# Discontinuity and almost everywhere

I want to know the relationship between continuity and almost everywhere.

If a function f has only finitely many removable discontinuities, then there exists a continuous function $$g$$ such that $$f = g$$ a.e.

I know this is true. Also we can change ‘finitely many’ into ‘countably many’.

But if f has a discontinuity which is not removable, is there a continuous function g such that $$f = g$$ a.e?

For example, suppose $$X=[0,1]$$ and $$f$$ is a function on $$X$$ whose value is $$0$$ on $$[0,1/2]$$ and $$1$$ on $$(1/2,1]$$.

In this case, is there a continuous function $$g$$ such that $$f = g$$ a.e.?

Thank you.

• Did you intend to say "$0$ on $[0,\frac12]$ and $1$ on $(\frac12,1]$? If so, then no, there is no such continuous $g$. Commented Mar 20, 2020 at 10:10
• can you tell me how to prove there is no such function? And is there any statement that generalizes this fact? Commented Mar 20, 2020 at 10:12

There is not. Suppose $$g\colon X\rightarrow\mathbb{R}$$ is such a function. $$f^{-1}(0)$$ has positive measure and $$f=g$$ a.e., so $$g^{-1}(0)$$ has positive measure; similarly, $$g^{-1}(1)$$ has positive measure. In particular, $$0,1\in g(X)$$, so $$[0,1]\subseteq g(X)$$ by the IVT. Now, the intuition is that the "jump" from $$0$$ to $$1$$ that $$f$$ does is something that a continuous $$g$$ could only do on a set with positive measure. Indeed, $$(0,1)$$ is an open set, so $$g^{-1}((0,1))$$ is open by continuity of $$g$$, non-empty by the IVT and hence has positive measure. However $$f(x)\neq g(x)$$ for all $$x\in g^{-1}((0,1))$$, because $$f(X)=\{0,1\}$$. Hence such a $$g$$ does not exist. I leave it to you to generalize this to arbitrary jump discontinuities.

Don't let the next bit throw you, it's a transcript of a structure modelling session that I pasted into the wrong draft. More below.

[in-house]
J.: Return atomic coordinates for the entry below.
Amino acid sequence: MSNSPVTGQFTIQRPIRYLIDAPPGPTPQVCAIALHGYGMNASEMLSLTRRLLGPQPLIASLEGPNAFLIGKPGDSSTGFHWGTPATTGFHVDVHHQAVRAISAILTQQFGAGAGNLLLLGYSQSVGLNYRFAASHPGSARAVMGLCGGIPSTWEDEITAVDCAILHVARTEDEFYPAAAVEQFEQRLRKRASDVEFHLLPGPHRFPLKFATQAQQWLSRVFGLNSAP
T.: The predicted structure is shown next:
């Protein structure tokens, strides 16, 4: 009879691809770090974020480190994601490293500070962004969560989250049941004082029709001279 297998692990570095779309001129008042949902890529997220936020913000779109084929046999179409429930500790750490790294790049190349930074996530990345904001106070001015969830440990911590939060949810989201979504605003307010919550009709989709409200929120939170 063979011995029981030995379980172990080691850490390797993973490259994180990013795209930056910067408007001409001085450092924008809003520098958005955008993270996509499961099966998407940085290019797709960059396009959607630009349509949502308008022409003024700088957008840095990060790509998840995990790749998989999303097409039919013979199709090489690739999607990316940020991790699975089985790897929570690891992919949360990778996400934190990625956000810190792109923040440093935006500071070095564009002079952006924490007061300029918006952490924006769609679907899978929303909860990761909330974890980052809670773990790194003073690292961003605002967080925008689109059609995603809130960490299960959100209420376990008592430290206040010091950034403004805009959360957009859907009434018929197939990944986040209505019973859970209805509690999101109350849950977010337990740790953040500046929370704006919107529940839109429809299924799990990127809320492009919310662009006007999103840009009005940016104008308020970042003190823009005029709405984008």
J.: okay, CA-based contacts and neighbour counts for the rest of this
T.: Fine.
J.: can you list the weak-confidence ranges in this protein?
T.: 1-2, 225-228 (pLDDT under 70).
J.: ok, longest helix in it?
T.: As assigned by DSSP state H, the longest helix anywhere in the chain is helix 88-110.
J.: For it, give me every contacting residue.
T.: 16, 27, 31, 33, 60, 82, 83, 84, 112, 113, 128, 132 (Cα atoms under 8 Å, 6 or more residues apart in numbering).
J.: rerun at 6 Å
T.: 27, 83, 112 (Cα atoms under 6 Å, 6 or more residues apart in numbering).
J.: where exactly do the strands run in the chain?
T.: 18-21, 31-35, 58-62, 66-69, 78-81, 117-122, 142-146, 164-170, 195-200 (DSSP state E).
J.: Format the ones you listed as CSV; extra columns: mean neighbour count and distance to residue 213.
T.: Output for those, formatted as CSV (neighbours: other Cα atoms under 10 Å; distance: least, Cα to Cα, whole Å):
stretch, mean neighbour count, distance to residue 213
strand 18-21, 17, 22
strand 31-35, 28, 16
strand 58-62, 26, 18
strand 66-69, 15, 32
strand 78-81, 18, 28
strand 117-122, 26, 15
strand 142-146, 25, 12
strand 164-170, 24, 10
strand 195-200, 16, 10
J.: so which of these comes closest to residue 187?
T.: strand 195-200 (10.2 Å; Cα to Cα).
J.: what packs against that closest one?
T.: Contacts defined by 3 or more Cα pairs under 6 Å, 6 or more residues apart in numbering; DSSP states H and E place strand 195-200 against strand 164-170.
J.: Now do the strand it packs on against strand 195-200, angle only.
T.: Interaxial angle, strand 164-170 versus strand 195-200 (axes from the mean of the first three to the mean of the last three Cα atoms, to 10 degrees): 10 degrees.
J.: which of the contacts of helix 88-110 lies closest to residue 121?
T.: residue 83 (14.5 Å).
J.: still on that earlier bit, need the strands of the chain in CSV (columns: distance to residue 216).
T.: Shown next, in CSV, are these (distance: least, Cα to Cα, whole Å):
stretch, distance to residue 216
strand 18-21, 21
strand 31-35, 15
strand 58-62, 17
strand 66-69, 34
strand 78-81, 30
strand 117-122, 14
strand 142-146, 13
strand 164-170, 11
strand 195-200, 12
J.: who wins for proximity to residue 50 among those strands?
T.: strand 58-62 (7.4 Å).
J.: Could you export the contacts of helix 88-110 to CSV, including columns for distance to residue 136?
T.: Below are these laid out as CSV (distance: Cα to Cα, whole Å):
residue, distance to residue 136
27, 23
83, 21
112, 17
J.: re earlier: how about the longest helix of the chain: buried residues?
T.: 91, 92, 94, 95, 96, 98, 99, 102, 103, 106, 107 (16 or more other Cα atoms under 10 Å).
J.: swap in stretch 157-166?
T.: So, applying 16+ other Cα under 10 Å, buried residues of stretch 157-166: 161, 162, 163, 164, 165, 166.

• Yes, as long as it's non-empty. You don't need the structure result though, it follows directly by definition: If $U$ is open and non-empty, choose $x\in U$, by openness there is an $\varepsilon>0$ such that $(x-\varepsilon,x+\varepsilon)\subseteq U$, hence $U$ has positive measure. Commented Mar 20, 2020 at 10:27
Second part: Suppose there is a continuous function $$g$$ such that $$f=g$$ a.e... Thus implies that $$g(x)=1$$ for all $$x >1/2$$ by continuity. [Here we need the fact that the complement of a set of Lebesgue measure $$0$$ is dense which shows that $$g=1$$ on a dense subset of $$(\frac 1 2, n)$$]. Similarly $$g(x)$$ for all $$x <\frac 12$$. This contradicts continuity of $$g$$ at $$\frac 1 2$$.